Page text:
I’m a few miles north of Point Reyes Station, and I’m doing my best avoiding cyclists riding two by two around blind turns along Highway 1. Upon reaching a short stretch, I see cars beginning to line up along the side of the road. I don’t know where I am, but I immediately pull over and begin to park. The sign across the street reads “Tomales Bay Oyster Company.”
The parking attendant is yelling while peering upwards at the sky to make sure we all look both ways before we cross the street. She reiterates that this is not a street, but Highway 1.
Along this beach-esque location, the ground is soft, but it’s not sand. Rather, it’s what appears to be worn shells—perhaps the remains of the crustaceans farmed here. My wife shuffles the cooler in her arms to touch my shoulder, pointing towards a series of picnic tables in the distance, and tells me, “They’re here.”
We join our friends at some reserved tables. After the typical greetings, we begin to unpack the coolers, set up the food and chat while the rest of our group arrives.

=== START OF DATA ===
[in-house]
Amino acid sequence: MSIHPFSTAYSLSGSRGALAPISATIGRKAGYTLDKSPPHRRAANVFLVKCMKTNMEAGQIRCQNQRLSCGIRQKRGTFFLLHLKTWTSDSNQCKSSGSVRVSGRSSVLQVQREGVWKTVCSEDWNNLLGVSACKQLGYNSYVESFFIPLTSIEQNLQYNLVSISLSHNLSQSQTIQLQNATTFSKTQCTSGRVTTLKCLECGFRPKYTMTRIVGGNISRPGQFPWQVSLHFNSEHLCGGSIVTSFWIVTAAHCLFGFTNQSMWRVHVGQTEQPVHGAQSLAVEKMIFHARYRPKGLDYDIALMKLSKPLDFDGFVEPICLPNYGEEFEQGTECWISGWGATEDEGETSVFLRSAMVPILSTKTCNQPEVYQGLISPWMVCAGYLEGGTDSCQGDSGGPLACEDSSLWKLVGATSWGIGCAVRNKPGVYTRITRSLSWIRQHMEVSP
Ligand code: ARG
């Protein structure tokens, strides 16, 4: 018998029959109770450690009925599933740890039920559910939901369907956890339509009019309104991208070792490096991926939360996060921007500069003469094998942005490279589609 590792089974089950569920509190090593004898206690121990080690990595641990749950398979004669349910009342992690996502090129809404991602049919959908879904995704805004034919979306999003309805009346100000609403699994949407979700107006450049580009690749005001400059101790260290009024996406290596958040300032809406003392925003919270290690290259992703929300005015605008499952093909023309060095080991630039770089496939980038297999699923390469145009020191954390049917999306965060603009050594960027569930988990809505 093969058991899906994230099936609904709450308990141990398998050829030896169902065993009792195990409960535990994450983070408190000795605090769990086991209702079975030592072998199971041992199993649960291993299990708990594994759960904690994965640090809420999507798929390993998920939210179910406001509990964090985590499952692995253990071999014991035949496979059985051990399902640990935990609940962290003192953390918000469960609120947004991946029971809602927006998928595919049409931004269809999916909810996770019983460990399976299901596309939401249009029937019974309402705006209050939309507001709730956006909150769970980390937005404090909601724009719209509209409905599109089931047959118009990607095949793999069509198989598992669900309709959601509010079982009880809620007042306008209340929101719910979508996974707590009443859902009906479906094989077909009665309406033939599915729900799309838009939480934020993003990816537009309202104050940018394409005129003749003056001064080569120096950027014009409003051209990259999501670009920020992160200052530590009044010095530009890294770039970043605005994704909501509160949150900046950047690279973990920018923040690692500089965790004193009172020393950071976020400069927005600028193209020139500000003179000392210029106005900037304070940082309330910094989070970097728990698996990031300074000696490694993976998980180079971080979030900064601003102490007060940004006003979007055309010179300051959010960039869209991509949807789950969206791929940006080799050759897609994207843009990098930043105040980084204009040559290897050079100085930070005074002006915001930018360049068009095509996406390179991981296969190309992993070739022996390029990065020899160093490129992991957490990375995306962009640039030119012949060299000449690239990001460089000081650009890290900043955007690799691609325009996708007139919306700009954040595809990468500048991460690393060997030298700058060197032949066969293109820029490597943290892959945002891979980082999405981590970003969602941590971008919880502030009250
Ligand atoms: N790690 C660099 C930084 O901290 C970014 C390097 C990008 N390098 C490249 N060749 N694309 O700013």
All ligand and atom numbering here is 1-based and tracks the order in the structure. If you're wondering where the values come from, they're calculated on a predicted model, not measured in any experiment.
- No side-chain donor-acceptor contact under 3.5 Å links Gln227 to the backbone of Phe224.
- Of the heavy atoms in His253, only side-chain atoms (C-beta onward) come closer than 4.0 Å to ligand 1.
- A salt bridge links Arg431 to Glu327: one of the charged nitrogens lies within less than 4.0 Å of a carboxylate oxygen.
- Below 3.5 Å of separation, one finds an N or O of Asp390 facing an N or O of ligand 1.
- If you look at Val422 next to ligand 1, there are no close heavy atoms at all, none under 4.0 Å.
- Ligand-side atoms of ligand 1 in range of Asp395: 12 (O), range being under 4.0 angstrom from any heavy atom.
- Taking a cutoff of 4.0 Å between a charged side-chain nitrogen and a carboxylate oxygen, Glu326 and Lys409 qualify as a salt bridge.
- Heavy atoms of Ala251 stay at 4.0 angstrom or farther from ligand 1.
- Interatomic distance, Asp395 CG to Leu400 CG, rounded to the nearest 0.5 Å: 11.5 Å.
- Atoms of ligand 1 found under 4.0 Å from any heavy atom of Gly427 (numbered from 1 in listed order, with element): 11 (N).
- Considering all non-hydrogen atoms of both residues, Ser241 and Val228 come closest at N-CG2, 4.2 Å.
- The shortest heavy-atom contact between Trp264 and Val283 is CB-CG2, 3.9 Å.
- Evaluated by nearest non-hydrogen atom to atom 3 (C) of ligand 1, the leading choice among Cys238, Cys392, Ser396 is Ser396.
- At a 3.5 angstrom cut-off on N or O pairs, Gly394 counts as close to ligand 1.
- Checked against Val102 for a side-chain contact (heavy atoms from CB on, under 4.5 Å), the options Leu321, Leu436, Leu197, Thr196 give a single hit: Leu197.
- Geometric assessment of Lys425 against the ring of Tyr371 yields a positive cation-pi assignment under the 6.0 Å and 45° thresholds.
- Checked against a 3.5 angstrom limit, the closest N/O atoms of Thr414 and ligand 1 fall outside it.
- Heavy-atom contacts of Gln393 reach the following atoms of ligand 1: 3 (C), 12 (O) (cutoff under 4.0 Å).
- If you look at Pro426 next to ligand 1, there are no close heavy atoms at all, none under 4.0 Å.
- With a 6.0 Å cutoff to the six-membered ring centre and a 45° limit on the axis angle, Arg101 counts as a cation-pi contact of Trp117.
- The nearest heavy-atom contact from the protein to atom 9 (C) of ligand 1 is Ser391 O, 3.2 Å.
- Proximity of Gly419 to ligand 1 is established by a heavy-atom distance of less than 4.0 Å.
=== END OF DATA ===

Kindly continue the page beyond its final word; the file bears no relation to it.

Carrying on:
The “cash only” sign next to the service counter causes me to reach in my back pocket and make sure I had something other than plastic in my leather wallet. Our table reservation came with a dozen oysters, but there are ten of us and we’ll need more. “Three dozen large,” I say to the lady behind the counter, and suddenly a rather large bag of oysters is plopped in front of me.
To the right of me, along the same counter, another lady shows a group of newcomers how to use the shucking tools and avoid cutting yourself with the knife.
I arrive back at the tables with the oysters in tow. The grills in front of each table are being prepared and fixings of lemons, limes, Tabasco and Tapatio, and our own seasonings and butter are being mixed and readied to top the oysters.
We immediately fall into a rhythm: One person shucks, another adds toppings, another places them on the grill, and the others ensure our wine and margarita glasses are continually full. Once complete, we begin the feasting, joking, splashing in the shallow waters with our four legged friends and singing along to the tunes on the radio.
A few hours later and our bellies are full, the sun is at its peak and we’re ready to head back to civilization. It’s half a day well spent.